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A special kind of love


Sherie Holder-Olutayo

A special kind of love

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ALTHEA APPLEWHAITE has finally found peace and a sense of happiness again. For her, the last three years since the death of her five-year-old son Kobe have been a long and painful journey in loving, losing and letting go.
 “People thought that after Kobe’s death my life would have been easier because they figured that he was probably a burden on me,” Althea revealed.
The sentiments uttered after his death couldn’t have been further from the truth. Despite the fact that Kobe was a special needs child who suffered from cerebral palsy and couldn’t walk or talk, to Althea he was her world and she took pleasure in caring for him.
She said that she only learned of Kobe’s diagnosis when he was six months old.
“There were no markers; it was just that the umbilical cord was around his neck at birth,” Althea said. “But it was my mum who said she didn’t think that he was developing the way he should be. He had the cold at that time and I remember taking him to Dr Fianni, who was an allergist, because he was wheezing and he told me he was underweight and referred him to Dr Jennifer Campbell, who specializes in that area. She didn’t even examine him; she just looked at him and said, ‘Oh, he has cerebral palsy’.”
 Althea admitted that she didn’t know a lot about the condition and asked the doctor to explain it to her.
 Cerebral palsy is caused by injuries or abnormalities of the brain. Most of these problems occur as the baby grows in the womb, but they can happen at any time during the first two years of life, while the baby’s brain is still developing. In some people with cerebral palsy, parts of the brain are injured due to low levels of oxygen in the area. It is not known why this occurs.
  “For me, I got to research it. At first I didn’t know if I was going to be able to handle it being new at motherhood,” Althea said. “But then my mum got behind me and encouraged me.”
 Being a single parent, Althea knew it was not going to be easy, but she took comfort in the support of her family and in her faith in God.
  “Through Kobe I got to meet a lot of other parents like myself,” she said. “He got accepted to the Children’s Development Centre and I met a lot of other parents and we got together and formed an organization.”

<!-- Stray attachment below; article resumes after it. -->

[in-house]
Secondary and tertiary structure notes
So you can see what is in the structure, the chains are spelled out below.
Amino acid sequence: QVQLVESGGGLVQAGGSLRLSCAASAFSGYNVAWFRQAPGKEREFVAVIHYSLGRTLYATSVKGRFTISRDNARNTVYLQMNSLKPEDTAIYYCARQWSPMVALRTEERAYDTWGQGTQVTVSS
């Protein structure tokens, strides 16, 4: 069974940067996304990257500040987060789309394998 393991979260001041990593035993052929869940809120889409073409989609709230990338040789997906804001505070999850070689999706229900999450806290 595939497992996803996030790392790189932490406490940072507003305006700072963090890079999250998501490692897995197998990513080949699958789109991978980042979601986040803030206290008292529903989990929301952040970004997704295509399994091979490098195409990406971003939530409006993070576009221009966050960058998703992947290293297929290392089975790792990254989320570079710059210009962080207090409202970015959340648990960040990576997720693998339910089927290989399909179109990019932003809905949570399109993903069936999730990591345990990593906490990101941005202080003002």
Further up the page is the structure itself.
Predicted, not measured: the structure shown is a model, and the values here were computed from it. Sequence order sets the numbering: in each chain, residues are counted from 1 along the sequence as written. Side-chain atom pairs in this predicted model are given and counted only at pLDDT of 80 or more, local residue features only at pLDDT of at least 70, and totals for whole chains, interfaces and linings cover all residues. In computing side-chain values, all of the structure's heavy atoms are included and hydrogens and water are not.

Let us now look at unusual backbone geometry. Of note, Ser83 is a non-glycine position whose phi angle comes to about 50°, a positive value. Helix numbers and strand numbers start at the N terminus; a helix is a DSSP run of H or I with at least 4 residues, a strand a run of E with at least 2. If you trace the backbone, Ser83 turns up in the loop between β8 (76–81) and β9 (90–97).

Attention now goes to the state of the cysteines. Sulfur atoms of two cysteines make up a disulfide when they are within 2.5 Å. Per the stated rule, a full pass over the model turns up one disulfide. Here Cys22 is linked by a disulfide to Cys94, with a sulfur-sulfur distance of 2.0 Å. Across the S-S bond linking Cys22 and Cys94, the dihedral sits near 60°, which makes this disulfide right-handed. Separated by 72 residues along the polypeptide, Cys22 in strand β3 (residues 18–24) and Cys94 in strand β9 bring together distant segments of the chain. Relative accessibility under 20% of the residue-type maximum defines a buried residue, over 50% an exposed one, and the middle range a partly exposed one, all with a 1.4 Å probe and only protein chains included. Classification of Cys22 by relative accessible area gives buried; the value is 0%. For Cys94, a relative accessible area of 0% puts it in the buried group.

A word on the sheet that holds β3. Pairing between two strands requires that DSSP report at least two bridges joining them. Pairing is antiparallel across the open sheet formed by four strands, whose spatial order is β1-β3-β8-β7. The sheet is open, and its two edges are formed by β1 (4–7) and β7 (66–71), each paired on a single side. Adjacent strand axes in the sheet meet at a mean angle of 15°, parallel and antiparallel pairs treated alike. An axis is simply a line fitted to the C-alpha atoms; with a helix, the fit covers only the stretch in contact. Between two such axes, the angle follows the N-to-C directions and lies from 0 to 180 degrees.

For a while Althea functioned normally as Kobe grew and developed. Then one day he came down with a fever.
  “He didn’t have a cold or anything, just a fever, and I found he was breathing rapidly,” she said. “It was the first time I called the ambulance. We didn’t get to see a doctor right away because there was an emergency, but because he had a really high fever they kept him and did tests. Then they told me Kobe had full blown leukaemia. At that time his body was producing only cancer cells, no healthy cells. He only lasted two weeks after that diagnosis.”
   Both Althea and his doctors were shocked at the diagnosis. Althea admitted that when he died a part of her died too.
  “I remember I used to pray and ask God don’t let me die before Kobe. I guess you have to be careful what you ask for,” she said. “I didn’t want to die and leave him. Even though my family loved him greatly it would have been hard on them.
 “When he was dying I remember holding him and begging him not to leave me and the nurse told me, ‘Don’t do that. Tell him it’s okay to go’. I could sense that he was fighting just to hold on and then I told him it was okay for him to go and I held him as he took his last breath.”
  Though Althea admits it was challenging having a special needs child, she never found it difficult.
 “You know I was so contented,” she said. “I couldn’t go out and leave Kobe. If I was going to someone’s house and Kobe couldn’t come, I wasn’t coming. I would rather have Kobe with me wherever I go and I was contented to stay at home with him.”
 Althea revealed that after his death there was a huge void in her life. She admitted that she was depressed and very angry and at times didn’t want to go on.
 What also happened was that she stopped being involved with the Cerebral Palsy Foundation.
  “After he died I needed a break. First, I couldn’t believe it and then I was really angry,” she said. “I couldn’t understand why Kobe died, and I guess I never thought it would have been so soon.”
 But a lot has changed in Althea’s life since Kobe died three years ago. She has another baby, an energetic one-year-old daughter Kiara, and she is planning to resume her work with special needs children.
     “I have Kiara now and my focus is on her and making her life the best,” Althea said. “But I miss Kobe still; I do miss that little boy.”

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